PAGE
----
“Nobody exists on purpose. Nobody belongs anywhere. We’re all going to die. Come watch TV.”
– Morty Smith –
It’s terminally condescending and that only the last bit of phrase made it seem like a joke is exactly why Rick and Morty is one of the best, if not the best, show in the entire Dimension C137.
I won’t go into the details about the creators and the birth of the show because like Morty said, existence has no purpose. But I am actually thankful for those two, they changed how I saw existence and reality (thanks, Justin and Dan!)
I will, however, want to list down a few reasons why I love this show and what I don’t like about it.
The show clearly has been regarded “philosophical” due to the reason that it tackles ideas like nihilism and existentialism very often in its episodes.
Unlike other adult cartoons, the show hasn’t relied on dirty or sexual jokes as often. Also, the other shows do not really focus much on philosophical topics as much as Rick and Morty when they do.
The show makes jokes by “mocking” the reality that we are perceiving and our species in all its “glory” (which I think is funny to some extent) and these were almost substantially true. That’s what I think they are presenting… I think. I could be wrong. *laughs*
In an episode where I got the aforementioned quote, Morty calmed his sister Summer down, who was on the verge of leaving after finding out that she was unwanted and that her mother thought about getting an abortion.
It’s unconventional. Really. If I had to calm someone down from doing something foolish, I wouldn’t choose those words. But it worked. At least for Summer, that is. It’s also quite calming if I was to really think about it.
New motto? Perhaps. Yep. #NewMotto
It’s also safe to say that Morty, being dragged so often to other dimensions by his grandfather, has realized his life means nothing after knowing there are infinite versions of him in infinite dimensions. So you really can’t blame him for that talk with his sister.
The episode tackled about the existential nihilism or that life is devoid of purpose or meaning.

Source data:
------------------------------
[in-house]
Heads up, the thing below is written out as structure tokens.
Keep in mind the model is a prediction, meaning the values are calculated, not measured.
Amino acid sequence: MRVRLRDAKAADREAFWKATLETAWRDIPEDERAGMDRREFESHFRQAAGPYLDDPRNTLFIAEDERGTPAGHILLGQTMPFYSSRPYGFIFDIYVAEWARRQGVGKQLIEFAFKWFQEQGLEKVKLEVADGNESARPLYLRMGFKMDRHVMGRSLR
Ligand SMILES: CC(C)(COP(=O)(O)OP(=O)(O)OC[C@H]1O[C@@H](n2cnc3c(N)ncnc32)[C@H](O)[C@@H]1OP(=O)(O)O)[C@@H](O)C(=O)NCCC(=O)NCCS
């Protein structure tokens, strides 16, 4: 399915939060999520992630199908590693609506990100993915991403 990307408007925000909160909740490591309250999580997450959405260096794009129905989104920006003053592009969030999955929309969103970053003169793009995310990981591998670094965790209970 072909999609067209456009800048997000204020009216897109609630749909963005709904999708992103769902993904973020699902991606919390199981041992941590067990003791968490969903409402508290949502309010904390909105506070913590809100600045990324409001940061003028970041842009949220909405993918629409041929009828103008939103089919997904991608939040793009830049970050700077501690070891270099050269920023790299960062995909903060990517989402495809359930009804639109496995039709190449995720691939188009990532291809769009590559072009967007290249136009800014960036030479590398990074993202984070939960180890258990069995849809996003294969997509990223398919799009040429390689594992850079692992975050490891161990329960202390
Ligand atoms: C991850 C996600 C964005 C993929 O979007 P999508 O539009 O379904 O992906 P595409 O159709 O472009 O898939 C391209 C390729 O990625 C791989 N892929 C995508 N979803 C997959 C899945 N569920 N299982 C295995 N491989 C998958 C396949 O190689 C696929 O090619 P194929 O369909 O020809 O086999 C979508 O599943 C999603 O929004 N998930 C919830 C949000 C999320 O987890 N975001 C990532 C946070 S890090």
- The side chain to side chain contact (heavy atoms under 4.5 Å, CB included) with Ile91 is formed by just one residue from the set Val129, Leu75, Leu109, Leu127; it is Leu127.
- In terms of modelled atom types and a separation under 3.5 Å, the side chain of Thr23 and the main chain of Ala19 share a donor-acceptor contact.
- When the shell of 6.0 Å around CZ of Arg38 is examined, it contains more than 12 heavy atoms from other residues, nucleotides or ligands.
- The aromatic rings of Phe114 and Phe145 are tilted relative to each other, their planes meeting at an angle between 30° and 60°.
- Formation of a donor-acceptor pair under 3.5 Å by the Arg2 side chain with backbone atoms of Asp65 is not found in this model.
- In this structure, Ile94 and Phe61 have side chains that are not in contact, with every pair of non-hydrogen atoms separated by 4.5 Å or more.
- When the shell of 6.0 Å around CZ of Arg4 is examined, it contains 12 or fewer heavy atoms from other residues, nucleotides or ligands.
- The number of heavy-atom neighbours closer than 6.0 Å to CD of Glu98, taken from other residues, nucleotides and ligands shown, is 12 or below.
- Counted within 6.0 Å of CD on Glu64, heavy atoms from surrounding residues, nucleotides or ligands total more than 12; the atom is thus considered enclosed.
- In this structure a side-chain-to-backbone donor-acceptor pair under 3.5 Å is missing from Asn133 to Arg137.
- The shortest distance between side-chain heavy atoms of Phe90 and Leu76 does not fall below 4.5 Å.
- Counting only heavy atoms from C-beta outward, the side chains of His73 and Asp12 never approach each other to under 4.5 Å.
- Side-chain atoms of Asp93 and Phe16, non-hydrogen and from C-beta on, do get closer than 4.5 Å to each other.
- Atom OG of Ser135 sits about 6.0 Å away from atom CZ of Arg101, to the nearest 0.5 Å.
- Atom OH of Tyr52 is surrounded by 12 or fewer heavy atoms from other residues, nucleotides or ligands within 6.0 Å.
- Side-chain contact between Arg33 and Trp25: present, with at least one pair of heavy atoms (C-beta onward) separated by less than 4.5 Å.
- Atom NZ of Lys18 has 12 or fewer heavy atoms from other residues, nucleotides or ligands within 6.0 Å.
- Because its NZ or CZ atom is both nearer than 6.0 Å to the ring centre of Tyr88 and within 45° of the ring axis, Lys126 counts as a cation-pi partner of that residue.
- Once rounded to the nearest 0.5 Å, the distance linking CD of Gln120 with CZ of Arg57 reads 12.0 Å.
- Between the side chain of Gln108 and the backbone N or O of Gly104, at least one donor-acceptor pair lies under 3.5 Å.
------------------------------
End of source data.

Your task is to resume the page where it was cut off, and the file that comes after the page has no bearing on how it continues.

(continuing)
To actually make jokes about something so deep and outright depressing is, to me, quite liberating and kind of relieving.
Laughing at the face of existence means I don’t have to deal with it anymore and just live on and do good things because it’s the right thing to do and not because it has an ultimate purpose.
INTERDIMENSIONAL CABLE TV
Even if this idea isn’t originally theirs, I’d still think it’s the best idea I’ve ever encountered for animation/entertainment content.
Scanning through cable TV with shows from different dimensions is sort of televised Gatcha: you’ll never know what you would get.
I don’t know how it works but suggesting that, somehow, Rick’s device is able to tap into radio signals or whichever output these other life forms produce to radiate information is pretty neat.
Infinite realities mean infinite cable channels and they are all free! (thanks to Rick’s anarchism)
Don’t forget to buy/steal stuff from Ants In My Eyes Johnson Electronics and order Real Fake Doors from FakeDoors.com!
Another pressing matter the show makes is that of how individual members of the family can contribute to breaking or making it. Here’s what I think Rick and Morty’s take on ‘family’:
Jerry, a lowly life form as Rick would perceive him, is your typical human male who’s insecure and at the same time very eccentric (this is true in an episode where he and his wife was sent to a galactic marriage counsel… check it out)
With that said, you can already assume his marriage with his wife and his relationship with his kids are not so good. His insecurities compliment his eccentric nature which is amplified by Rick (as he is a genius scientist and is also a very hard-to-please father-in-law) which in turn creates this unfatherly and un-husband-ly figure.
It may sound like I’m putting a hot pile of metal bars on Jerry but, the thing is, our concept of family relies on the effectivity of its members.
Fathers are always portrayed as nonchalantly dumb and clueless persons in cartoons and comedy such as the Simpsons and Family Guy.
What this means is that a family can totally be worthless if a member is dysfunctional.
That’s where Beth comes in. She’s unlike her father but in a way she is similar. She is not a total anarchist but at some standpoint, she has control over her entire family and is doing a pretty good job at keeping it together despite Jerry and Rick’s peeing onto each other’s lawns (except in Season 3 when she and Jerry decided to spend time apart)
This is only my two cents on how the Smith family is on the show so you are free to discuss and talk me out of it anytime you want (comment section is a good place to do that)
Boy, oh boy, how this show makes me think.
SOME RANDOM BS I DONT GET
What I don’t like about the show is how it throws in random stuff and references I know nothing about.
But now that I talk about it, I don’t think it’s the show’s fault and this one’s on me. I’m not sure.
What is the purpose of this article anyway?
Are we back to existential nihilism?!
If you haven’t watched Rick and Morty, then I suggest you do because…